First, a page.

'I know I can play with these guys': Ovid's Jerry Gunthorpe makes U.S. Senior Amateur final
Grosse Pointe Farms — Every morning, for the last four mornings, Jerry Gunthorpe has checked out of his room at the Holiday Inn Express in Roseville. And every night, he's checked back in.
Gunthorpe just keeps on winning at the U.S. Senior Amateur, and the Ovid, Michigan, resident now finds himself in the championship match, set for Thursday morning at Country Club of Detroit.
Gunthorpe, 58, beat Canada's Dave Bunker, 3 and 1, on Wednesday afternoon to make the final. It was his fifth match win of the week. Not bad for a fella whose goal coming into the week was one.
"Just win one match," Gunthorpe said following his semifinal triumph, standing in the stately clubhouse where Arnold Palmer celebrated his legendary U.S. Amateur title 67 years ago. "I told myself coming into here I wasn't going to lose a match on my own. I am going to stick to what I do and not change what I've been doing, and that's basically the way I've been doing it all week.
"So far, it's been a good run."
By making the U.S. Senior Amateur championship match, he has earned exemptions into the U.S. Mid-Amateur later this month in Nantucket, Massachusetts (his son Nick is an alternate), as well as the 2022 U.S. Amateur and U.S. Senior Open. He's also earned a three-year exemption into the upcoming U.S. Senior Amateurs. If he wins Thursday, he can skip local qualifying for the 2022 U.S. Open.
Those were all goodies he had no clue about until a reporter told him Wednesday afternoon.
He was still focused on the task at hand — and it's a mighty one, against Gene Elliott, of West Des Moines, Iowa, who is the reigning British Amateur champion.
In beating Bunker in Wednesday's semifinal, Gunthorpe got off to a hot start, with birdies on the first three holes, and a quick 3-up lead. Things turned a little sour at the end of the back nine, as Bunker, with some spectacular iron play and clutch putting, pulled to within one hole.
But the back nine was Gunthorpe's. He birdied Nos. 10 and 11, and made a clutch 15-foot par putt at 12 — after blasting out of a fried-egg lie in a greenside bunker — to remain 3-up. With son Nate, a former Michigan State golfer and expert greens reader, on the bag, and wife Joani, who caddied for him at the U.S. Senior Amateur qualifier, watching intently, Gunthorpe closed the match with a birdie at the par-5 17th. He played golf at Lansing Community College. Nick played golf at Grand Valley State. (Daughter Casey was a cheerleader at Michigan State, whom Jerry calls the best athlete in the family.)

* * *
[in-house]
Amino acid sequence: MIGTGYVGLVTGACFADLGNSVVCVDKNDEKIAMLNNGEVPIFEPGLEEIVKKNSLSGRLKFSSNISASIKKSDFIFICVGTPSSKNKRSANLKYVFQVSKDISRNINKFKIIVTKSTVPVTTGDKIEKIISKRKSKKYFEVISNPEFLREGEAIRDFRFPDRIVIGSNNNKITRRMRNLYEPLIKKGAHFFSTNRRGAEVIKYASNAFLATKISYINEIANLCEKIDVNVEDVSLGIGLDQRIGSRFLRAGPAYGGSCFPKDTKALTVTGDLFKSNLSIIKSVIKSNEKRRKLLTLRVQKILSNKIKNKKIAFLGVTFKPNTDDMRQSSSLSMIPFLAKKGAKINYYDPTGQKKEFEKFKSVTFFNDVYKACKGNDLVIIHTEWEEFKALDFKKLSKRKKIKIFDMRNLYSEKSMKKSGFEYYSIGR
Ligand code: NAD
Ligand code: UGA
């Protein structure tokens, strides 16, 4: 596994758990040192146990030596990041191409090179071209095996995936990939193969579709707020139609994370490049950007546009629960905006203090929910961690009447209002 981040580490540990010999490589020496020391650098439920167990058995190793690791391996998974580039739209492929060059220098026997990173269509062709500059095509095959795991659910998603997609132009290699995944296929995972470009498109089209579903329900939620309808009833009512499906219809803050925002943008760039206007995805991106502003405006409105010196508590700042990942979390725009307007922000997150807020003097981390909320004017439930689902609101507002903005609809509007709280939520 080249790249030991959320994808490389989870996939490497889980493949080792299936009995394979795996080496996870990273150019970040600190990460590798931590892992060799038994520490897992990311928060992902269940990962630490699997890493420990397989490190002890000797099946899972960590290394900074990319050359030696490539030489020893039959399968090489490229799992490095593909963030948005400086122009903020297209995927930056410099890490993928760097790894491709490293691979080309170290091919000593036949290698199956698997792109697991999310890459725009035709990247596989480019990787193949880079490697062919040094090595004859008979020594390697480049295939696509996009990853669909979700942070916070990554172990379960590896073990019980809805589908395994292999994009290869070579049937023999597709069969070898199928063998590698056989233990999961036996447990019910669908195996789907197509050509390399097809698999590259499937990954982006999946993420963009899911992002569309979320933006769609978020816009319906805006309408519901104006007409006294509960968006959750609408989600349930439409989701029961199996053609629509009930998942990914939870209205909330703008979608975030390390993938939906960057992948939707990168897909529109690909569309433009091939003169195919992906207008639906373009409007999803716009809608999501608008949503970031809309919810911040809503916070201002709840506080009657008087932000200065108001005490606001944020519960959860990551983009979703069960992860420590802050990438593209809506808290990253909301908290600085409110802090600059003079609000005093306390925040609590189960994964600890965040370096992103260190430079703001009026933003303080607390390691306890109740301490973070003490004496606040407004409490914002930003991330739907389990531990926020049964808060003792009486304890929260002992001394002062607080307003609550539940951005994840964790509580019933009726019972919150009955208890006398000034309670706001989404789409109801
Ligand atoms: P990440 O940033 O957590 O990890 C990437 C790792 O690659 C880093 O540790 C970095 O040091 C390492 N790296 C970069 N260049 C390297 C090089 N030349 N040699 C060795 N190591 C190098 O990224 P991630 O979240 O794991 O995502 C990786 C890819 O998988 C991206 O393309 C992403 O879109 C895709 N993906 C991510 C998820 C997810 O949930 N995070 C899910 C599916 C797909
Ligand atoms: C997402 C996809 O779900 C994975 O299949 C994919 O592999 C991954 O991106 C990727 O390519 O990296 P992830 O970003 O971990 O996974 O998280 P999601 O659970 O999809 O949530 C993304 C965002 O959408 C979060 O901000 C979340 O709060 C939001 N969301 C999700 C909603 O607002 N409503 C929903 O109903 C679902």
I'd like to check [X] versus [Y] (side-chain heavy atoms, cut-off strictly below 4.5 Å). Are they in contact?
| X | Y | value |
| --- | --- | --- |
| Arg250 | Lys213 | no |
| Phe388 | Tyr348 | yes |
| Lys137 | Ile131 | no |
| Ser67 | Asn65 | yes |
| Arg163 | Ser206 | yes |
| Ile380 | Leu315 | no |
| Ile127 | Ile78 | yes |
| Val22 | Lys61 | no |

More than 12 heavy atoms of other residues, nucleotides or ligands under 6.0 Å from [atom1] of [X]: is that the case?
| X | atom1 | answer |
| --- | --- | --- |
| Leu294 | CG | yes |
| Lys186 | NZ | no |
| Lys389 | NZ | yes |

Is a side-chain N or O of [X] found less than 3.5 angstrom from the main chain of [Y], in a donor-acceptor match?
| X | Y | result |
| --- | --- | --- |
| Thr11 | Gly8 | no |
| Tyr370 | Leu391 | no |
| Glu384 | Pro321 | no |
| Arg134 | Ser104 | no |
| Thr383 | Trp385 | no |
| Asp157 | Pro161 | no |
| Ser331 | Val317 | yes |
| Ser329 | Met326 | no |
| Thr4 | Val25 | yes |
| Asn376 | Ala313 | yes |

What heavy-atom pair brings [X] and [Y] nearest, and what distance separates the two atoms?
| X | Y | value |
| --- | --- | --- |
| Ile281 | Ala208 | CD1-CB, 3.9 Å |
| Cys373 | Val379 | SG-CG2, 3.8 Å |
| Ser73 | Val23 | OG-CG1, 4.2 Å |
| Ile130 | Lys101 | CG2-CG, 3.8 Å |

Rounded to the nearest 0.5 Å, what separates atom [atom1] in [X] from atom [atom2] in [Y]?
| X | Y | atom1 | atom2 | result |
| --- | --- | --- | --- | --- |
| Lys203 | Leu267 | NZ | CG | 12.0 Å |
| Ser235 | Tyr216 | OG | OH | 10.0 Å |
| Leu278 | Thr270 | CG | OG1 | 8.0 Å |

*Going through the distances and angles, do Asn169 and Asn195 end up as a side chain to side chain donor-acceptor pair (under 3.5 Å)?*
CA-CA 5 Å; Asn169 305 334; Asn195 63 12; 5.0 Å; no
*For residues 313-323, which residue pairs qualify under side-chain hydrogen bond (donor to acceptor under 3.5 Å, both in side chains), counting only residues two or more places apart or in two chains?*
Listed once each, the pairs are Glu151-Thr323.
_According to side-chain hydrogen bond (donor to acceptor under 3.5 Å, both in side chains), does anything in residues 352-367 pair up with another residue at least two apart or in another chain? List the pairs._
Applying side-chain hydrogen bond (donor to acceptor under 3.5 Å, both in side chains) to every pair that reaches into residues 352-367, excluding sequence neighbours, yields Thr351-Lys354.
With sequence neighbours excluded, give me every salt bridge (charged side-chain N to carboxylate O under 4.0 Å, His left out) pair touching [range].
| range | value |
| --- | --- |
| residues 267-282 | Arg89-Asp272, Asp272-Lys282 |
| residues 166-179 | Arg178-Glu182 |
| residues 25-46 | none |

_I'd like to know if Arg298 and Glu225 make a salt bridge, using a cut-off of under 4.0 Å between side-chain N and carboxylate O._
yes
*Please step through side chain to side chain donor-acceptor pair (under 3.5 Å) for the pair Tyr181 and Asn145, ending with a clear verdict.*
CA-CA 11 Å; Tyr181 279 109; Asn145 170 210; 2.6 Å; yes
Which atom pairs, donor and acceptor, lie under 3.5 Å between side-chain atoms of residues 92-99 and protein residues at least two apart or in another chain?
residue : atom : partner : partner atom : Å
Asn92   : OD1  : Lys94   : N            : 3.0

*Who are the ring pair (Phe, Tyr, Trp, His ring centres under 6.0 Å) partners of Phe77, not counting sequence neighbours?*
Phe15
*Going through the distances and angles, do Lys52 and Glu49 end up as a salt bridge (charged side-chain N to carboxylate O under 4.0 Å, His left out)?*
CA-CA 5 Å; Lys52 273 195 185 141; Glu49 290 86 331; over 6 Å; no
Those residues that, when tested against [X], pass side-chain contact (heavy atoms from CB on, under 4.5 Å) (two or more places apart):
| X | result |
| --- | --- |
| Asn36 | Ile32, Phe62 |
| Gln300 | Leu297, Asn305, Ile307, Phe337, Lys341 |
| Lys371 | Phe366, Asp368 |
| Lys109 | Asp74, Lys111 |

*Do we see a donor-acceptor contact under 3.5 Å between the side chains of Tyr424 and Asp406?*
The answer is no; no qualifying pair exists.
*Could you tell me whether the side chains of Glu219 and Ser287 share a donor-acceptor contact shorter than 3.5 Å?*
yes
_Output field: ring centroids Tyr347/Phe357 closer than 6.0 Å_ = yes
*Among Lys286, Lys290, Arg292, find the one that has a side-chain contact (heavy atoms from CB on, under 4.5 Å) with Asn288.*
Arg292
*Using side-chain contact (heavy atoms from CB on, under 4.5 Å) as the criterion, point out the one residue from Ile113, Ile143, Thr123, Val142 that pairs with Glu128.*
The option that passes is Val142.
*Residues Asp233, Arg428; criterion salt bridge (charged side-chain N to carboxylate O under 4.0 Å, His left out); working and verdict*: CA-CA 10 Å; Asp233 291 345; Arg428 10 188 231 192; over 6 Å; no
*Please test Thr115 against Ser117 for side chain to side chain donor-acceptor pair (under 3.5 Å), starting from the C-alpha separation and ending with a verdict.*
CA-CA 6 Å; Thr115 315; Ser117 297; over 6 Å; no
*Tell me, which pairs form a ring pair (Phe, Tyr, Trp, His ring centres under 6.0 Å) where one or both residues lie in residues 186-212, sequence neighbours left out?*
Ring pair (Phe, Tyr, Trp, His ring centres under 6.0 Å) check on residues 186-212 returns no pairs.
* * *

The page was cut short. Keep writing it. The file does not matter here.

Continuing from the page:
It's one of the top golfing families in the state, but there's nothing like this on the resume — yet.
"I know I can play with these guys," said Gunthorpe, who played in the 2019 U.S. Senior Amateur (losing his first match), and who counts the 2004 Michigan Medal Play at Detroit Golf Club as his top victory. "I tried for the Champions Tour in 2012; I got through one stage of the Champions Tour, and I knew I could play with those guys. I don't like the grind. I don't want to do the grind.
"For me, it's just a justification that I can play with those people. I just got to put myself in the positions to get the chance, get the reps, and I feel like I can play with anybody."
In his morning quarterfinal match Wednesday, Gunthorpe beat Rusty Strawn, of McDonough, Georgia, 2 and 1, closing the match with a par, also at 17. Bunker beat Atlanta's Billy Mitchell, 1-up, in the quarters.
Gunthorpe, who lives and owns a plumbing business in Ovid (northeast of Lansing; population 1,600) and plays out of Owosso Country Club, continues a magical string of impressive performances by Michiganians in United States Golf Association tournaments.
Canton's James Piot, a Michigan State golfer, became the first Michigan native ever to win the U.S. Amateur when he won at Oakmont last month. Earlier this summer, Michigan State golfer Valentina Rossi advanced to the semifinals of the U.S. Women's Amateur, a year after her teammate, Valery Plata, did the same.
Elliott, 59, beat Craig Davis, of Chula Vista, California, 5 and 4, in his semifinal match. Elliott, one of the top-ranked senior amateurs in the world, won his quarterfinal in the morning against Commerce Township's Tom Gieselman, who rallied from an early three-hole deficit to pull within one late on the back nine. But Elliott hung on to win, 2 and 1.
Gieselman was three down through three holes, and still two down after 11. An eagle-2 at the 347-yard, par-4 15th hole cut the deficit to one hole, but Elliott won it with birdie at the par-5 17th.
Gieselman, 59, still takes away an exemption into next year's U.S. Senior Amateur, and some pretty good memories, particularly with all the friends and family who followed his run.
"It was really exciting," Gieselman said. "It was a whirlwind, but just kind of took it all in. ... I guess the best part about it was having my family here the whole time. Friends were out there. Probably got a thousand texts. That was the best part of the whole thing, whether I won or not. That was really cool."
Gunthorpe is the top seed remaining, at No. 9, after No. 2 Chip Lutz, of Reading, Pennsylvania, fell to Davis, 3 and 2, in the morning. Lutz won the U.S. Senior Amateur in 2015 and the British Senior Amateur in 2016.
This is the third United States Golf Association championship hosted by Country Club of Detroit, after the 1915 and 1954 U.S. Amateurs.
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